Nevertheless, in December, Michelle Rhee, undeterred by her implicit rejection by Washington D.C. voters in the city’s mayoral election, announced the creation of a new organization seeking to raise $1 billion to counter the influence of teachers and their unions, as if teacher organizations posed education’s central challenge.

Meanwhile, much of the education reform community ignored what is a true threat to education – the growing rise in economic segregation of American schools.  In 2010, the U.S. Department of Education released an alarming report finding that the proportion of students who attend high poverty schools increased by 42 percent between 2000 and 2008.  We heard next to nothing on this critical issue from Obama, Guggenheim, Winfrey or Rhee.

The Best: Growing Support for Addressing Economic Segregation

If the issue of segregation was ignored by high flying national figures, however, the best news in 2010 was that at the local level, many citizens and education leaders fought back vigorously against growing segregation.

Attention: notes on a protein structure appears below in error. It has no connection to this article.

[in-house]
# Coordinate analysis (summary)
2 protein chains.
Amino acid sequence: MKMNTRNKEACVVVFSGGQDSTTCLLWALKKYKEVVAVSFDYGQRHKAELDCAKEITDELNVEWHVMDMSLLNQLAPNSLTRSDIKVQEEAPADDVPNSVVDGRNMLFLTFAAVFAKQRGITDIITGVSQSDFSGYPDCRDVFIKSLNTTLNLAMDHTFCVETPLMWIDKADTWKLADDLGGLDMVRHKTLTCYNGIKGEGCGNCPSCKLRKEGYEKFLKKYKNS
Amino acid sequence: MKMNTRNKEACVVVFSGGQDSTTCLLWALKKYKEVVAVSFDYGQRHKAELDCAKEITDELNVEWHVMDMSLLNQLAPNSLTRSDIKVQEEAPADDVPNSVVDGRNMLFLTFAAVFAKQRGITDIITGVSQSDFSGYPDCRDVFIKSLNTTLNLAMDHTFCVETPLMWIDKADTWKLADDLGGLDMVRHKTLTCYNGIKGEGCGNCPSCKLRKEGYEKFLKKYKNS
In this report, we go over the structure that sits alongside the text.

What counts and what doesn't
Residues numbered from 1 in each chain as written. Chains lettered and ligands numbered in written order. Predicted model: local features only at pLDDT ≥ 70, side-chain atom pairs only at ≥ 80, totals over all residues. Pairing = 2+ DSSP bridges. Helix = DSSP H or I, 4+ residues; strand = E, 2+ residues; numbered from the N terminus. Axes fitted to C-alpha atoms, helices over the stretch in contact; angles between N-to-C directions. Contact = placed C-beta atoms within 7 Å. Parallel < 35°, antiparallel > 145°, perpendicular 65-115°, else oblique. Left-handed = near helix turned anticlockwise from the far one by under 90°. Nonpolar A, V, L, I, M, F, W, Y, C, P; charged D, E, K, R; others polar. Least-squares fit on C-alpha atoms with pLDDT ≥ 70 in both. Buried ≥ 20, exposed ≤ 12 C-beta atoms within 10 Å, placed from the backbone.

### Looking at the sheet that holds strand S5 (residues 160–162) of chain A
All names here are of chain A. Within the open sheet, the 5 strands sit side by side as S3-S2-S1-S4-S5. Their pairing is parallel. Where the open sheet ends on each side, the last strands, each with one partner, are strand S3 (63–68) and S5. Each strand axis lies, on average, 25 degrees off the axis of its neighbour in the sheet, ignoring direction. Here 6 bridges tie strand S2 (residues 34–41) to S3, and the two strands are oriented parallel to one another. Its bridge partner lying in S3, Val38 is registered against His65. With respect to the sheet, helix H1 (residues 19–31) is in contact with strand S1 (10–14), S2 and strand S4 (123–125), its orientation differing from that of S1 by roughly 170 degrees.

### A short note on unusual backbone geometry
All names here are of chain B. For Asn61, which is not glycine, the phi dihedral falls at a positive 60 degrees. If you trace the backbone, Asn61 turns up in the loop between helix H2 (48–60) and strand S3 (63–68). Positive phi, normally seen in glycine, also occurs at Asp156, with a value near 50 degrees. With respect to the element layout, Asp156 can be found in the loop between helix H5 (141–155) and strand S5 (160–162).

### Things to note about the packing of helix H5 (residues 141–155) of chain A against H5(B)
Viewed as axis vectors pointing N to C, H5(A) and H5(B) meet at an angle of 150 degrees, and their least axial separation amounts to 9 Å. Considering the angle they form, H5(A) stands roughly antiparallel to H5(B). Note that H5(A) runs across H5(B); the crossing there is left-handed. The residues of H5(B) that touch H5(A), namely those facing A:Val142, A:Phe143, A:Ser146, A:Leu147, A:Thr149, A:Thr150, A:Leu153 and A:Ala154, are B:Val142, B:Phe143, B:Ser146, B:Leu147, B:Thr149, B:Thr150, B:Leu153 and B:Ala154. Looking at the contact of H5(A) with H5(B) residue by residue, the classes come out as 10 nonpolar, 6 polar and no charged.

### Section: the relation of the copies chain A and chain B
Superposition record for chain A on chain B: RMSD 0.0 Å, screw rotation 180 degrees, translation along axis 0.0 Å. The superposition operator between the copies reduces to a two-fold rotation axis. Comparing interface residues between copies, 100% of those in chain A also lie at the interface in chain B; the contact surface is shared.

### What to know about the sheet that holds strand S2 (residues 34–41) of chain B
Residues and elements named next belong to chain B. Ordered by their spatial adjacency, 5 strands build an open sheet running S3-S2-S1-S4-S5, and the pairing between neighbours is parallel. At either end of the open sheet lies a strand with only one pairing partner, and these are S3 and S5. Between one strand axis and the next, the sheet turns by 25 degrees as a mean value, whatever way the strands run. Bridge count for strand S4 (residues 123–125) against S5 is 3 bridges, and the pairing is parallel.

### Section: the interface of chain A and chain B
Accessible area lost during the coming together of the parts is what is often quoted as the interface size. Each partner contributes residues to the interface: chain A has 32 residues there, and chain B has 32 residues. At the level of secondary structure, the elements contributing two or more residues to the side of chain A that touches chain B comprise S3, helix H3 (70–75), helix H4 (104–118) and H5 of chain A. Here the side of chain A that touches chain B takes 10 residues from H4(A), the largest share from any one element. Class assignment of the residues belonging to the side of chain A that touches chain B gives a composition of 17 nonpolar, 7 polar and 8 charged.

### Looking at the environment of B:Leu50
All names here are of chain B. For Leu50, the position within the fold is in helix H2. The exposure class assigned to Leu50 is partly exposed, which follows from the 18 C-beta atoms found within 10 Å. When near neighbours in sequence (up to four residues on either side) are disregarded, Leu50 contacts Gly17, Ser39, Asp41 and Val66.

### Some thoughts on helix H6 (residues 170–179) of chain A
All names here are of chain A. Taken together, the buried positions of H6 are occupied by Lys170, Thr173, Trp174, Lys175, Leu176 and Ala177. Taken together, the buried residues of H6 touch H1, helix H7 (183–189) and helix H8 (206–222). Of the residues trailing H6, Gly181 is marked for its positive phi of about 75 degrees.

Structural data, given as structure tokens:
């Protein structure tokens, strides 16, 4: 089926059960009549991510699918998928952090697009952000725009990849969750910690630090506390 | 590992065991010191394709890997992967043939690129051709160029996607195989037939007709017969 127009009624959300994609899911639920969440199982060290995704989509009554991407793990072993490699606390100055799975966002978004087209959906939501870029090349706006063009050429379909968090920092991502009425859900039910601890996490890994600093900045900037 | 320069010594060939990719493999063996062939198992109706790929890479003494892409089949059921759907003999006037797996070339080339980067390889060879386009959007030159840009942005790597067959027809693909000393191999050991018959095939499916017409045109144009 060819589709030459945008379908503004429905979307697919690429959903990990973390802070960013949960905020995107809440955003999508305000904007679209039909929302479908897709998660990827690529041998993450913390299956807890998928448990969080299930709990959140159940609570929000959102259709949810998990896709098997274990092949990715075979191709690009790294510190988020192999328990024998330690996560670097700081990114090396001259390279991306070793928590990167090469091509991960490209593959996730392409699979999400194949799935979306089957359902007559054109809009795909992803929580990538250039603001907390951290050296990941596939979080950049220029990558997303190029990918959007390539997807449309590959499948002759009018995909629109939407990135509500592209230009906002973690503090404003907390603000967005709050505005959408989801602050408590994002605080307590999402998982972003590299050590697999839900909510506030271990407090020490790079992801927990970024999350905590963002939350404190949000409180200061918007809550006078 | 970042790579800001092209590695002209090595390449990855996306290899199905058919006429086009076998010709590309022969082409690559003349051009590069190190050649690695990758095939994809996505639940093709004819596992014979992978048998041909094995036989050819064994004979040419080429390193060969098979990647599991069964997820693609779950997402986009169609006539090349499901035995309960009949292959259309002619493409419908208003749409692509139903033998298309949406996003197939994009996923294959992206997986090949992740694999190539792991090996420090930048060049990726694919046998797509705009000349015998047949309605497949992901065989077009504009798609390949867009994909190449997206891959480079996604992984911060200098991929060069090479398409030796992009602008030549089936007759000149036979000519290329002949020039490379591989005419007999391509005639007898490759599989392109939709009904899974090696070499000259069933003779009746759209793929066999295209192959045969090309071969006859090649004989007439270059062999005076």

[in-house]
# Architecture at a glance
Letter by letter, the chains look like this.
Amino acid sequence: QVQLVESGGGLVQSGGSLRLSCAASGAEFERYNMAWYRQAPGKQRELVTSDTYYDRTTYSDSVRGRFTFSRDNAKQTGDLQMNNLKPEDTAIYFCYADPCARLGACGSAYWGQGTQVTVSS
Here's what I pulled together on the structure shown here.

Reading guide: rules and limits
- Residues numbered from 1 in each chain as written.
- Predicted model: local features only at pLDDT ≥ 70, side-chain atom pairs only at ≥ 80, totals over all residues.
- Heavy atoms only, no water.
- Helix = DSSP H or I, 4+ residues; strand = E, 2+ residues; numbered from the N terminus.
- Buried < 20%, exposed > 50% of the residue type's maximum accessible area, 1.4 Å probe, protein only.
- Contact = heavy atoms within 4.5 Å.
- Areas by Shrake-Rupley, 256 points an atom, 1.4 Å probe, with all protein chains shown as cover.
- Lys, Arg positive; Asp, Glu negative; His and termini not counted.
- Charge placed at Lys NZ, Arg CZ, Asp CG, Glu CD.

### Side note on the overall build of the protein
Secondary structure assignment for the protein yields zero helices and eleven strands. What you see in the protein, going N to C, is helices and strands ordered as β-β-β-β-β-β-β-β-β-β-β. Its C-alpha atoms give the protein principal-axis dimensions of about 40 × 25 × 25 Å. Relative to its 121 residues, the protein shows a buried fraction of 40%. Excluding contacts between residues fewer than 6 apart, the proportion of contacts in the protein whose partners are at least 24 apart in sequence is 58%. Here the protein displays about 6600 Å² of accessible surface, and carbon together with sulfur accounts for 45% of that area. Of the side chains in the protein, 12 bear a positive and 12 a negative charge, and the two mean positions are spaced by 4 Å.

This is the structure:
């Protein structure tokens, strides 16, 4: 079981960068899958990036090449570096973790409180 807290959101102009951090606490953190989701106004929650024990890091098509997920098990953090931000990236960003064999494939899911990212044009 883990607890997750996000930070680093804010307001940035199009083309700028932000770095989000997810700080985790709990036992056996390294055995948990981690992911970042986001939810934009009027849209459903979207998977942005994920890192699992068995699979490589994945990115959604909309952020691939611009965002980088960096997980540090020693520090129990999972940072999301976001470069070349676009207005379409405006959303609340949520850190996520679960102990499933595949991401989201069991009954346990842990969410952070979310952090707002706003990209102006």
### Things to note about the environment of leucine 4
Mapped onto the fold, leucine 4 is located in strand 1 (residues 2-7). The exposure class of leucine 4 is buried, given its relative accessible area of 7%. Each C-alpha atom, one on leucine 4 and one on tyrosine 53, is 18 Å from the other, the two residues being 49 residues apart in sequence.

In Wake County (Raleigh), North Carolina, which has had a highly successful socioeconomic school integration plan in place for years, supporters repeatedly challenged a conservative school board’s attempts to re-segregate the public schools.  In March, I gave a speech at a conference organized by the Great Schools in Wake Coalition, as part of an effort to lay out the research on the importance of integrated schools.  The conference was followed by protests from the NAACP, a lawsuit from civil rights lawyers, and a federal investigations into re-segregation.  While the school board squabbles, the local Chamber of Commerce (hardly a radical organization), hired an esteemed education planner, Michael Alves, to come up with a proposal that will honor parental choice in schooling, manage explosive growth in the system, and preserve integrated schools.

Meanwhile, school officials in Jefferson County (Louisville) Kentucky, whose racial integration program was struck down by the U.S. Supreme Court in 2007, have devised a new integration plan that emphasizing socioeconomic status.  Although some predicted that the new plan, though legal, would not withstand political attack this year, the good news was that in the November 2010 elections, board members supportive of integration were readily returned to office. 

Nationally, momentum for socioeconomic integration grew, as the number of school districts pursuing socioeconomic integration plans reached an all time high of 80.  As Alan Gottlieb noted in an article in the Huffington Post, 35 school districts from across the country attended The Century Foundation’s Consortium on Socioeconomic School Integration in June, in order to share ideas and approaches for reducing concentrations of school poverty.